#1
Hey guys

So ive actually decided to try and write my own song rather than trying to play cover after cover. Dont care if it sucks, just think it will be a good experience.

So i was just playing round, ended up creating an arpegiated riff/verse line (depending on the structure of the song). Chords are:

F major7/A min (xx8786)
G major (xx97870)
C Major7 (xx10087)

So i guess the key is in C major, is that right? Ive heard a good way of starting a song in key is the first not being that of the key. So even though im playing an F major7, the root is a C. So thats question 1.

Q2 - My F major 7 can also be an A min chord. Going by scales, playing in a minor key will change the feel of the song. So my question is this. If i were to change that chord and label it an Aminor chord, would they key be A minor? Is that the correct terminology or do you say its in the Key of C, playing A aeolion?

Q3 - Building Choruses and Breaks - So instead of playing around, was wondering what some patterns and chords i could use. I know certain chords sounds better as finsihing chords etc so just would like some hints on what to use. Also order of chords. I know the basic major format for chord structure is 1 4 5 so C F G, but what other options are there for me.

Q4 - Finally what scale would i use? I guess this would depend if its in A minor or C major. Would i use the entire scale over the whole A min/F maj7, G maj, Cmaj7 so eg Amin penta over the whole progression or do i play A min only over the A min chord the play a G major penta over the G etc.

Help is greatly appreciated as this is my first crack at my own stuff, would like some expert advice and hints. Thankyou
#2
C Major contains the notes C D E F G A B - to make triads out of that you stack thirds (which basically means every other note), which gives you

C E G = C Major
D F A = D minor
E G B = E minor
F A C = F Major
G B D = G Major
A C E = A minor
B D F = B dim

To form 7th chords, you just stick another 3rd on top of the triad - so you get CMaj7, Dmin7, Emin7, FMaj7, G7, Amin7, Bmin7b5 (also called B half diminished)

So all your chords are in C Major - so yes its in C Major, IF it resolves to CMaj. All your chords are also in A minor (which is the relative minor to C Major - meaning they share the same notes), so if your song feels wrong ending on a CMaj, but feels completed if you end on an Amin, then its in A minor.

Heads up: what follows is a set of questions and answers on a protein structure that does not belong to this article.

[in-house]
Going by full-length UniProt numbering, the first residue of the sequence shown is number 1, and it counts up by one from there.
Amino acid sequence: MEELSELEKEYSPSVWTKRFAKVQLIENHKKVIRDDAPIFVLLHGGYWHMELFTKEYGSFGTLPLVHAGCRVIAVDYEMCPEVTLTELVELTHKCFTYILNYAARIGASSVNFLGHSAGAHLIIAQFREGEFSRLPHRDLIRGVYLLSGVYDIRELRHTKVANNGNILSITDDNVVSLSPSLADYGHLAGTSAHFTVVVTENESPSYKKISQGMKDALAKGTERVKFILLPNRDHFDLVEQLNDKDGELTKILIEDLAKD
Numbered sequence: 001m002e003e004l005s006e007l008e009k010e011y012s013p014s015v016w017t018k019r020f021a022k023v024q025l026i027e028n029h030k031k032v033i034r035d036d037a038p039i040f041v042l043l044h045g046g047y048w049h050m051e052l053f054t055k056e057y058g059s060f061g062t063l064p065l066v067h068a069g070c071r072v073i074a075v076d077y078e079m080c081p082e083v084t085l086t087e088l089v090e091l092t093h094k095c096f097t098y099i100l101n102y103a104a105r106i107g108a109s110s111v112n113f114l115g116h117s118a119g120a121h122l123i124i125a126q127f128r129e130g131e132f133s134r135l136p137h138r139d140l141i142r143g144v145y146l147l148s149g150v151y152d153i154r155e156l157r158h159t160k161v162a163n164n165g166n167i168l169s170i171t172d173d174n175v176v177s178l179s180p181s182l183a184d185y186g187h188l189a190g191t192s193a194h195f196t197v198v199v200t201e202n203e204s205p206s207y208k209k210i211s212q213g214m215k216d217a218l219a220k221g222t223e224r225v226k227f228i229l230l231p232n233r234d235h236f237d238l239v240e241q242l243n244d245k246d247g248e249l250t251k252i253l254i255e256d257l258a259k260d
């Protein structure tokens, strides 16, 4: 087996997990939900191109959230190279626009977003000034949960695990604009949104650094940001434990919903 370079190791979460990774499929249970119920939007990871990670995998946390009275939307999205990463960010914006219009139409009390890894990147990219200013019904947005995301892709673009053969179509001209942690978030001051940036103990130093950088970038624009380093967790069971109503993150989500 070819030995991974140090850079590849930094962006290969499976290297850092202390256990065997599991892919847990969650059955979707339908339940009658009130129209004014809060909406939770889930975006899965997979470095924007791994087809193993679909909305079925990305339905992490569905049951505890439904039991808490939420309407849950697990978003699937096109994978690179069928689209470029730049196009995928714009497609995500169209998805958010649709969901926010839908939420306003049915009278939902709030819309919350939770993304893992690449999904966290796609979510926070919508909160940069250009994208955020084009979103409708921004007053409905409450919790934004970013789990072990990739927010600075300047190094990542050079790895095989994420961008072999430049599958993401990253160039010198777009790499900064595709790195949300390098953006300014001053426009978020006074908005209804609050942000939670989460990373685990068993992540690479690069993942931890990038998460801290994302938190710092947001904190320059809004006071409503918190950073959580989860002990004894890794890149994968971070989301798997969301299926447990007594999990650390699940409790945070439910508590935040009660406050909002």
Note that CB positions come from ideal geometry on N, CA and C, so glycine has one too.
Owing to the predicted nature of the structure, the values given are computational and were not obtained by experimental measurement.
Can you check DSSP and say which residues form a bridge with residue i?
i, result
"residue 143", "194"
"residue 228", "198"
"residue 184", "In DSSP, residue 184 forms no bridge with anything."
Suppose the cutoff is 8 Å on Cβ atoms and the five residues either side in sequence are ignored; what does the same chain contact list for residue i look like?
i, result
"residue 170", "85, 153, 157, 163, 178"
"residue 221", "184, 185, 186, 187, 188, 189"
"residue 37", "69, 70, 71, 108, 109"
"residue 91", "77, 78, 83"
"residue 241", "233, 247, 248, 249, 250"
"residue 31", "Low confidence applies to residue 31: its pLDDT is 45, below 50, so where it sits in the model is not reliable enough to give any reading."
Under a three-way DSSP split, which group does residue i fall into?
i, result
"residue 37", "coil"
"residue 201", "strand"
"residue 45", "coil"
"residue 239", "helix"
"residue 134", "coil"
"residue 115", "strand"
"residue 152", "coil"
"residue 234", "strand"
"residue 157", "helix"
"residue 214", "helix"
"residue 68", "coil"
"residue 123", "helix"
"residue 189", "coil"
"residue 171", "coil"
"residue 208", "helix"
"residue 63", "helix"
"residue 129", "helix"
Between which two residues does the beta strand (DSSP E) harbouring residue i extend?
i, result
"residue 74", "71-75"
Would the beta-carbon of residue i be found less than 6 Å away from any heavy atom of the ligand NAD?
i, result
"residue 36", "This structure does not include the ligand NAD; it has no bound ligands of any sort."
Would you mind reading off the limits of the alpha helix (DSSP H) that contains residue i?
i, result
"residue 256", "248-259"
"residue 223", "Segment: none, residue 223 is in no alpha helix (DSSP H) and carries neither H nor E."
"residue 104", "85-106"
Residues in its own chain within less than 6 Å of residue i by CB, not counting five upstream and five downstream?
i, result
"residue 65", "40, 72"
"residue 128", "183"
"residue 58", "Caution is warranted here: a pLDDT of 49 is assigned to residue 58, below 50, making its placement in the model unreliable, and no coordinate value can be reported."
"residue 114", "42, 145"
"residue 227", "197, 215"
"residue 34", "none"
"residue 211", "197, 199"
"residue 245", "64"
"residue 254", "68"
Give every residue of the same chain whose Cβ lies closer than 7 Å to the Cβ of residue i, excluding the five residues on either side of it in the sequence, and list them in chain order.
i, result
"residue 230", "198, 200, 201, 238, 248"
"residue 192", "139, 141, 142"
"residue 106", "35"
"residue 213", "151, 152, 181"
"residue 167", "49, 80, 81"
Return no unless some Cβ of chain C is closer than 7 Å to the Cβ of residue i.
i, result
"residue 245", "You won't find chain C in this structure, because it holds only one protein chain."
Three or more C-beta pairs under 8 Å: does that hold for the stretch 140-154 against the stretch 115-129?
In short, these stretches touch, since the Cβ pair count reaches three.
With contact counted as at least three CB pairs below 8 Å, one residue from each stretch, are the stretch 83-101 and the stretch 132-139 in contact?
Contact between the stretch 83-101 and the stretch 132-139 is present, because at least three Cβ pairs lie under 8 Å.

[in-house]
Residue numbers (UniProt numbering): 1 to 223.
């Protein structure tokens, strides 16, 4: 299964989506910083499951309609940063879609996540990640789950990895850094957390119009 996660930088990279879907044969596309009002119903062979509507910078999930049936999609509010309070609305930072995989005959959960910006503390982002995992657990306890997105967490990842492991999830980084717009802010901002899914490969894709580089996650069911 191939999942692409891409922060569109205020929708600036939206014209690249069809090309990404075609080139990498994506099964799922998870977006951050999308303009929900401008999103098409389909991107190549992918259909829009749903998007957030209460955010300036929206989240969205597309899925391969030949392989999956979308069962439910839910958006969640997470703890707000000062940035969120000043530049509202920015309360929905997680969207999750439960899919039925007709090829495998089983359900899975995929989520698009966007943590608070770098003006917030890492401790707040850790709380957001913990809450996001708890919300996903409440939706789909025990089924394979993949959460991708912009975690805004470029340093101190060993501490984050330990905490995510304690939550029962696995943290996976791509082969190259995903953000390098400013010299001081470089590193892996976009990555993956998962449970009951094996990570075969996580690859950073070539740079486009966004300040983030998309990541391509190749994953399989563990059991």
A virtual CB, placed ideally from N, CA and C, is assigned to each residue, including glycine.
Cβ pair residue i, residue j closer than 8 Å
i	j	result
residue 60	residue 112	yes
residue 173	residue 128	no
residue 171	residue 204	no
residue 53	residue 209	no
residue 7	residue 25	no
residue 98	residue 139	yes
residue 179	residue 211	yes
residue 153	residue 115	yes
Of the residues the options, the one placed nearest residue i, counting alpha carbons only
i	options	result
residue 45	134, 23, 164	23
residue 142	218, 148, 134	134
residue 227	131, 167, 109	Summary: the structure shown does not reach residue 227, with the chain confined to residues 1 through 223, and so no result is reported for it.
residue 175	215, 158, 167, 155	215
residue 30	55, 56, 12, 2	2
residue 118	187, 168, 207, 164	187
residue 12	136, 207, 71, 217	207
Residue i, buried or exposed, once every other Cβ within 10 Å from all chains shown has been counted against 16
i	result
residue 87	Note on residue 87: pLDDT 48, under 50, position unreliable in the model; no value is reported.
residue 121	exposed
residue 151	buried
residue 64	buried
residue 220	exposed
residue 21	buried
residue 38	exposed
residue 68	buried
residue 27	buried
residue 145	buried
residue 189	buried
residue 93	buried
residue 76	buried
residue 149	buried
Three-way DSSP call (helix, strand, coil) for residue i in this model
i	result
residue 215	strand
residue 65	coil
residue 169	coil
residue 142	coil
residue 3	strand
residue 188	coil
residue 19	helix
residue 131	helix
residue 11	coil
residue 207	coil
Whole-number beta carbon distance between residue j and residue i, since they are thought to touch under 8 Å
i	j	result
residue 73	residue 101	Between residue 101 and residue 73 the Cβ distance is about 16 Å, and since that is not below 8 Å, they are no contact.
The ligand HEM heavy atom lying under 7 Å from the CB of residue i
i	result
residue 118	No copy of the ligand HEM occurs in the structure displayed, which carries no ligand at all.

Use whichever scale matches the key - so if its in C Major, use C Major or C Major pentatonic, if its in A minor use A minor or A minor pent.

This is by no means expert advice btw
#3
Thanks Zhilla. Yer im not 100% sure wherethe song is going in terms of mode wise but i wrote it when i was down so dunno if ill keep it in C Major or A min.
#4
Its your first song - don't worry about modes!

Its either C Major or A minor, they both use the same notes and the same chords, so you don't need to worry which it is yet really. See where it goes, and which chord it wants to end on, and pick which scale you use from that
Last edited by zhilla at Sep 23, 2009,
#5
A1 It's in C maj because it resolves to the Cmaj chord. I know it resolves to the C maj chord because of the G maj chord played before. Gmaj is the 5th chord constructed from the C maj scale and a V I progression is a perfect cadence. (put simply the G chord pulls to the C chord and makes the progression feel resolved, and therefore finished.

A2 It would still be in Cmaj as the progression resolves to the Cmaj still.

A3 To be honest, I'd just play around. Work out all of the diatonic chords from the Cmaj scale and play around with them to start with. Find out what sounds good to you. Then you could play around with 7ths and other extended chords. If you research cadence, that will give you some good idea how to finish a progression depending on how you want it to "feel".

A4 for now play Cmaj over the progression, obviously C maj and A min are consist of the same notes, but if you play those notes over this progression you will be playing in Cmaj because the progression resolves to Cmaj. I reiterate, you cannot play A min over this progression.

Now you can change the scales over the separate chords. This is called playing the changes and takes a bit more effort to sound good.

To mimic Zhilla: No need to be thinking about modes just now, and I'm, by no means, an expert
#6
Just a check - i assume you're not in standard tuning. if you are then those chords you posted aren't named right. also check on chord 2 - there are 7 strings written there. finally chord 3 i'm assuming that's x x 10 0 8 7

are you in D standard?
#7
no im playing in standard. With C Major 7 chord when arpegiated i play it (xx10987) but when striking all the notes as one i open the 3rd string and let an open G ring. When that happens theres no E being played so really only playing C G and seveth whihc is B. Why are the others wrong? I know they dont start at the typical root but i still loook at them as those chords
#9
Yeah, on looking at the tabs for those chords you have got the 1st chord and 3rd chord named wrong. Have a look at them again and see if you can work out what they are. When you are playing the arpeggio on the Cmaj7 xx10987 that is a Cmaj7, when you strum the chord though xx10087 you remove the Cmaj7's major 3rd (E) so it loses it's major tonality.

I think the second chord (Gmaj) is correct (based on it's context) but I think it's the 1st inversion as it has the major 3rd in the bass so would be notated Gmaj\B.
Last edited by Myshadow46_2 at Sep 24, 2009,
#10
Yer thats definitly true theye inversions, basically couldnt be bothered naming the inversion. Slack i guess but yer